Thoughts on giving up social media for one week.

goodbyefacebookteaser-100336171-origI am a bit of a Facebook addict.  I don’t spend hours on end scrolling, nor do I post a whole heck of a lot.  However I do randomly check Facebook several times a day.  If I’m feeling overwhelmed at work, sitting in a long line of traffic, brushing my teeth (see, I told you it’s embarrassing).  I was actually one of the last of my friends to even get a Facebook account, but now it has gotten to a point where I honestly can’t remember the last time I went a complete day without checking social media (for me that means Facebook and Instagram).  So, what better time than now to conduct an experiment!  Let’s forget about a day, I went all in and did a full week’s worth of unplugging.  Here’s what happened!

Day 1:  Full disclosure – I technically already failed.  I wrote a blog post and wanted to share it with my infertility group on Facebook.  I logged in to post the blog and logged off immediately.  I didn’t like anything, I didn’t comment on anything.  I may have sneaked a peak at my notifications and MAYBE done half a scroll or so on the old mouse.  I also deactivated my account for the week.  I didn’t want to make some big proclamation about leaving Facebook, but I also didn’t want people to think I’m just ignoring them if they are trying to get in touch.  I’m still counting this day as Day 1.

Mood & Musings:

  • I definitely felt the pangs separation anxiety.  It was a bit unsettling how often social media was on my mind.  I felt anxious about what I was missing.
  • I read a couple articles online about giving up social media.  Turns out there are actual studies that have been conducted that show people who are not on social media are happier, less lonely and more focused than those of us who are.  I didn’t feel much happier yet, but I definitely looked forward to it!
  • Told M about my little experiment and he decided he wanted to join in as well.
  • It seems Day 1 was spent filling the void of social media with other internet based goings on.  Hmm.

Day 2:

Mood & Musings:

  • Day 2 was a big day because M and I put an offer down on a new house, and we traveled to Connecticut to spend the weekend with M’s brother, sister in law, and their 9 month old baby boy.  I didn’t really think about social media much at all.
  • Instead of mindlessly scrolling, I talked to M during most of the car ride (I’m not sure he would consider this a positive!).
  • I started a new book to fill my time.
  • I think this experiment is harder for M than for me because I have all notification turned off for my apps, and he doesn’t.  He kept commenting throughout the day that he was getting notifications and really wanted to look at them.  He didn’t, at least not that I know of 😉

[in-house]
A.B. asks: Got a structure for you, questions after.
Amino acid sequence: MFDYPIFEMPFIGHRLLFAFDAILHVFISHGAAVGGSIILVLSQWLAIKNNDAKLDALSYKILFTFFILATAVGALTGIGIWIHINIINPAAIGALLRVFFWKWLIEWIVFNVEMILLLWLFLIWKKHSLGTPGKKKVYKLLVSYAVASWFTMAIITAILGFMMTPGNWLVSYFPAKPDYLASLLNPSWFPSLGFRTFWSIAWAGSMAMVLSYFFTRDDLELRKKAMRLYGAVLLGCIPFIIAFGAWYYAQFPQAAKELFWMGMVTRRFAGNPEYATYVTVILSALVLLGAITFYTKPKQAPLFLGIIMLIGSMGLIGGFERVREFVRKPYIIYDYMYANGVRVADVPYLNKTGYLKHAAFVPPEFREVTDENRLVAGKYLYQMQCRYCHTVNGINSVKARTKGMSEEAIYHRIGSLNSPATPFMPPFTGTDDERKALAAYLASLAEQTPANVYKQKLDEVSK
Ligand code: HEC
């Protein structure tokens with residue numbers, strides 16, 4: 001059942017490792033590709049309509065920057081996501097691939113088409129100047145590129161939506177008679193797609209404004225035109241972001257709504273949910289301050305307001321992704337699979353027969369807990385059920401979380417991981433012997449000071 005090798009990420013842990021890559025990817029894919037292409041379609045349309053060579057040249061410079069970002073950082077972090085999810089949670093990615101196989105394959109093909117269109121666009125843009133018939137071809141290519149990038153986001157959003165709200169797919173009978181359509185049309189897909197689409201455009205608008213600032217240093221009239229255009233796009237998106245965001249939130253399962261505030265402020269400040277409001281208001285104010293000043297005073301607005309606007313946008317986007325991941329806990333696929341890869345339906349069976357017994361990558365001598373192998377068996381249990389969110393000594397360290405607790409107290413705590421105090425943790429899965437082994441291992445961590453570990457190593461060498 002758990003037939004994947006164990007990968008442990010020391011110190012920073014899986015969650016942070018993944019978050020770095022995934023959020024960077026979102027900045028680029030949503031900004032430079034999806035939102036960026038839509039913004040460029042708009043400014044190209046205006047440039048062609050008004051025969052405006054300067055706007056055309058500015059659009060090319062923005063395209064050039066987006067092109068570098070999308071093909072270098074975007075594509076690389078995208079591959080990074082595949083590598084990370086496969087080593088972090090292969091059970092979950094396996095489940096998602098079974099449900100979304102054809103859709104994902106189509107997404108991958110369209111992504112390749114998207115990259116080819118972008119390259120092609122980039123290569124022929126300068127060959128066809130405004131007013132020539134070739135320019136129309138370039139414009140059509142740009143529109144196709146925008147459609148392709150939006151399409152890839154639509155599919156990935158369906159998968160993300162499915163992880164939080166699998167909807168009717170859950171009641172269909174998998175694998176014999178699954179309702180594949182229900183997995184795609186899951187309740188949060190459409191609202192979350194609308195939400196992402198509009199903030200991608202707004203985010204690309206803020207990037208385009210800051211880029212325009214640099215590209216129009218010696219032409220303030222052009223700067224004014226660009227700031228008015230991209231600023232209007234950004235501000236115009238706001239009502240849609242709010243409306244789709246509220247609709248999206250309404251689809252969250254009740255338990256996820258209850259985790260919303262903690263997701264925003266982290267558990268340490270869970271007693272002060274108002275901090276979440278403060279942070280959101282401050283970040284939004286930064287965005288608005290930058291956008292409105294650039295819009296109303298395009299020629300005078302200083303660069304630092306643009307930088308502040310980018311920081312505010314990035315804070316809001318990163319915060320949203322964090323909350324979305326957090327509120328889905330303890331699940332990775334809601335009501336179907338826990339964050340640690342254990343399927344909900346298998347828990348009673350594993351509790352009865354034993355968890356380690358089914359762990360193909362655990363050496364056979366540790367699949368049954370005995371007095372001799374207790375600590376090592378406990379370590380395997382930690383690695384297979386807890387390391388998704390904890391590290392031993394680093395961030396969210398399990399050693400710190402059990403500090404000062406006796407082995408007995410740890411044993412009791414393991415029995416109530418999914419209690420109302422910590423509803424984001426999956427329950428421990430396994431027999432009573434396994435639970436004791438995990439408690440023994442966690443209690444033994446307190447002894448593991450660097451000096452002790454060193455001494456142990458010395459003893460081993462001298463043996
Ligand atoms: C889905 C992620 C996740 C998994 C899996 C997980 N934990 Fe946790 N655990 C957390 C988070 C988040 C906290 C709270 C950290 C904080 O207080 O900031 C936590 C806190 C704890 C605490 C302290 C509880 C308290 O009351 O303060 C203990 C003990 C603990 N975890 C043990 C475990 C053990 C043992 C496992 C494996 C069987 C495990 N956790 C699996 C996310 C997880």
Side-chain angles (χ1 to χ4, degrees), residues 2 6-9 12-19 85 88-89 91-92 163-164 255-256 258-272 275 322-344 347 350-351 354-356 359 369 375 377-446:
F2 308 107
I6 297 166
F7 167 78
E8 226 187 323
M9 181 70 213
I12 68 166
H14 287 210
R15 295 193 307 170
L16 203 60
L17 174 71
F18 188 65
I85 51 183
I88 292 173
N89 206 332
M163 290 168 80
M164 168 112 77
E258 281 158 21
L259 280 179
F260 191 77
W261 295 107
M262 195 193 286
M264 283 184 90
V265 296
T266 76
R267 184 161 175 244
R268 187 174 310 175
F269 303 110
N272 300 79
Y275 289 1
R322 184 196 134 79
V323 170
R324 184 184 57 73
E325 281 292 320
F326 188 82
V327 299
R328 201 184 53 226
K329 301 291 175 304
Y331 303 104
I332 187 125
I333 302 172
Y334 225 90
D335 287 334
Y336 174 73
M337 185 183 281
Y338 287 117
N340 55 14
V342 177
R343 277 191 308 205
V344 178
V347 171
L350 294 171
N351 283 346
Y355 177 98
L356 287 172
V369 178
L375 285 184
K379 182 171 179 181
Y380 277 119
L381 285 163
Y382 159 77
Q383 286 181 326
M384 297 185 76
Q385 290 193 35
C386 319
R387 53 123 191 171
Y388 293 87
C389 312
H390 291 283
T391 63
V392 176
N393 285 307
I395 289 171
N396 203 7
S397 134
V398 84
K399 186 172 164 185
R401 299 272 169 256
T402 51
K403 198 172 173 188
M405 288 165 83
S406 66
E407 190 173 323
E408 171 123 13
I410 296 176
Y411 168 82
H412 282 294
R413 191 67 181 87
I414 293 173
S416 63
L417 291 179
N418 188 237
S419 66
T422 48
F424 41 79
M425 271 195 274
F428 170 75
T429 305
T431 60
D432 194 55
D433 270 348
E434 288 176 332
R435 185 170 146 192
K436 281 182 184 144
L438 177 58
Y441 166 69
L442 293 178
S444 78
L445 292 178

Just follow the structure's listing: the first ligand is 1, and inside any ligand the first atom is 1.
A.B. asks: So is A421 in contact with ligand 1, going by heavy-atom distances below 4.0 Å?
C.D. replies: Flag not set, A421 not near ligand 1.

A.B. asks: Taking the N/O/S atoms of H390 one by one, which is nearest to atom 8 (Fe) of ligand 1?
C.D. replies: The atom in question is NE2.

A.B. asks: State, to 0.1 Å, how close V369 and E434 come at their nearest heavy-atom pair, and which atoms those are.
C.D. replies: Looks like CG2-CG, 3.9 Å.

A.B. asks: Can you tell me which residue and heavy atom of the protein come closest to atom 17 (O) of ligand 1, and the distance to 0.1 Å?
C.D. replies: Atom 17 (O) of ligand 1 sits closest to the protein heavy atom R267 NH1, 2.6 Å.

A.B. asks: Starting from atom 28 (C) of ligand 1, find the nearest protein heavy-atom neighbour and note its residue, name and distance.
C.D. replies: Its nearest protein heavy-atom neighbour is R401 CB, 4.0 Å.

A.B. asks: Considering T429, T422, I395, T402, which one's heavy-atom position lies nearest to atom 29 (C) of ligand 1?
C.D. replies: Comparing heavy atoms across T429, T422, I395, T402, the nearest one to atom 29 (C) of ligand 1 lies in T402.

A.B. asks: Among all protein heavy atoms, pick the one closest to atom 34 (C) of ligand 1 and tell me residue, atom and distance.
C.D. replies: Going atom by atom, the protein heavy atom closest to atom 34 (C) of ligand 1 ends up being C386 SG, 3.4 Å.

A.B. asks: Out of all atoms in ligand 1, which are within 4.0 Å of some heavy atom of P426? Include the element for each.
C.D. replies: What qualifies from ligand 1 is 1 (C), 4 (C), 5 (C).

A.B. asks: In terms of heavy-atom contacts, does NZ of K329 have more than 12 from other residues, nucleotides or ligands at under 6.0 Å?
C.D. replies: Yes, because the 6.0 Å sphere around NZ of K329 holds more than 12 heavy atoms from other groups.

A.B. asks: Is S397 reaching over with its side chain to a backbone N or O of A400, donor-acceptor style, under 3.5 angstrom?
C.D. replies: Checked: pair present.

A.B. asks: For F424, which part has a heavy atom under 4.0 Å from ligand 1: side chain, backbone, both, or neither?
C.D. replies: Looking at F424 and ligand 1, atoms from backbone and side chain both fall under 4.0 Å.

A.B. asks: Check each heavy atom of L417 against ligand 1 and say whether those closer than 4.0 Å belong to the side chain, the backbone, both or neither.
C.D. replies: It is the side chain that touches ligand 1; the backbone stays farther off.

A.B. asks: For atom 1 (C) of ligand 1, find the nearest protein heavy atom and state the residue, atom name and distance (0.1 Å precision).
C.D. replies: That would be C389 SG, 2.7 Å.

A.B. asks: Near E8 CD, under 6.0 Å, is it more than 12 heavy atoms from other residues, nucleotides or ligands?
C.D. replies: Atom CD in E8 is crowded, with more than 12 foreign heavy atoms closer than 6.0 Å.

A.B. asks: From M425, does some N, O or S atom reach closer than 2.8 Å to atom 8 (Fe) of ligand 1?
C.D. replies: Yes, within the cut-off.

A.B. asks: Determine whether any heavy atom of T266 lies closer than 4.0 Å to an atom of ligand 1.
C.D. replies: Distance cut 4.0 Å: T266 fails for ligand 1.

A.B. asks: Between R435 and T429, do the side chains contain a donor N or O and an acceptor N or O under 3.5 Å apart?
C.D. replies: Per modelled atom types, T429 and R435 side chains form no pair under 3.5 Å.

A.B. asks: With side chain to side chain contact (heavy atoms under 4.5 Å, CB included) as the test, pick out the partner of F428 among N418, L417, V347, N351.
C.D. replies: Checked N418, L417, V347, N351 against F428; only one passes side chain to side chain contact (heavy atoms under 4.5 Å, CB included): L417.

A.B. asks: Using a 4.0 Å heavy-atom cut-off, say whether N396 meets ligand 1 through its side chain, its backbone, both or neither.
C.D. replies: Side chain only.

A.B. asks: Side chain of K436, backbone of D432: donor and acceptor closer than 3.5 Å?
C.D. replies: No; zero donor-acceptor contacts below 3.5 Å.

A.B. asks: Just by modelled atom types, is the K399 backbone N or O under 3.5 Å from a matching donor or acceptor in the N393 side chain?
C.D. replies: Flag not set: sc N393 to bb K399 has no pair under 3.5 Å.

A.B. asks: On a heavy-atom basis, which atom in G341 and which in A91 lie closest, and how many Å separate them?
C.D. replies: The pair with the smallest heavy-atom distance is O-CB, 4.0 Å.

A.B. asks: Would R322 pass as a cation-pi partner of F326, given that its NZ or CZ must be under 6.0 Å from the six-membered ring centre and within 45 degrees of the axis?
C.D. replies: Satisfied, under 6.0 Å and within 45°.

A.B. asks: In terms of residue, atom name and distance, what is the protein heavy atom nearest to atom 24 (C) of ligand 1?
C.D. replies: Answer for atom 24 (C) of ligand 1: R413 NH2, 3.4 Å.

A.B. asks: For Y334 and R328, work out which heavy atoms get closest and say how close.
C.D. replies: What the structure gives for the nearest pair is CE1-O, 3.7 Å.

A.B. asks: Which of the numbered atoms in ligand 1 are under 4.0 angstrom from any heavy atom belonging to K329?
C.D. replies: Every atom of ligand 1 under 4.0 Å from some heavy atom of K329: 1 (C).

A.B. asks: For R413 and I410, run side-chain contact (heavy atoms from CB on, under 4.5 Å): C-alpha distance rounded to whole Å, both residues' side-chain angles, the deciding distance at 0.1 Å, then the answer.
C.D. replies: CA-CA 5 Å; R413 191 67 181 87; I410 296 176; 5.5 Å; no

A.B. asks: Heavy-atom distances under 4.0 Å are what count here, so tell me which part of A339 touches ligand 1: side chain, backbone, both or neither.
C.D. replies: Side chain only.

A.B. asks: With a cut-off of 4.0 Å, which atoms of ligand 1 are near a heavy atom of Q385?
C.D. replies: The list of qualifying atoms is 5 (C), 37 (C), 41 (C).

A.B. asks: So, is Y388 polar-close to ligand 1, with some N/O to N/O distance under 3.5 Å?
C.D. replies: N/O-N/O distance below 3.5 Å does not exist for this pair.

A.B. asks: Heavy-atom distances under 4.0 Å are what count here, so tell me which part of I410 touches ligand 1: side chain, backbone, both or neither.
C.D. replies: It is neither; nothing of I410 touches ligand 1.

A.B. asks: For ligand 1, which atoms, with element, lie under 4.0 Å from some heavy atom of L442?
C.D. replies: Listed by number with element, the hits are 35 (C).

Day 3:

Mood & Musings:

  • Spent the day with my sister in law while M went to play golf with his brother.  We talked about fertility stuff – she had two miscarriages before having her son and they are getting ready to try again soon.  She’s over 40 so unfortunately the clock is ticking.  Talking about my DOR and our future transfer always brings tears at some point.  I rebounded though and overall the day was fun.  Didn’t think about social media at all until I remembered some of my girlfriends were getting together that night and wondered how that was going.  It’s weird not knowing what is going on at all times!
  • Side note:  is a blog considered social media??  This thought popped into my head on Day 3.  I guess it is.  For me social media refers to outlets like Facebook, Instagram, Twitter, etc.  This blog is sort of an online diary so I think it’s still in it’s own separate category in my mind.

Day 4:

Mood & Musings:

  • Full disclosure again – out of sheer habit, I clicked on the Instagram app on my phone.  I looked at one picture and clicked on one hashtag before I realized “This is social media!!” and dropped my phone like a hot potato.
  • I still wasn’t feeling any happier.  Started thinking that happiness study might be crap.
  • We put a counter offer in on a house we liked.  Fingers crossed!

Day 5:

Mood & Musings:

  • Woke up this morning and had an email from our realtor – our house offer was accepted!  We are homeowners!  Yippee!!
  • My work day was so productive without taking random breaks to check Facebook.
  • I almost felt like I was living this secret life that no one knows about. I was definitely starting to dig it.

Day 6:

Mood & Musings:

  • Not looking at Facebook means I didn’t have to concern myself with what everyone else was doing, nor with their opinions of what I was doing.  I don’t have to spend time deciding on what to post, what not to post, perfecting pictures before uploading, etc.  It’s refreshing.  I’m just doing my thing and living my life.  What a concept!

Day 7:

Mood & Musings:

  • It’s over already??  I was almost anxious about emerging from my social media free cocoon today.  How funny that just a few days ago I was anxious about living without Facebook and now I was anxious for the complete opposite reason.
  • Over the last two days I actually started really enjoying being disconnected from my Facebook “friends” and Instagram “followers”.  Friends and Followers.  It sounds so strange when said in that way.  None of those people are my followers, and some I wouldn’t even consider friends since I haven’t seen them since high school.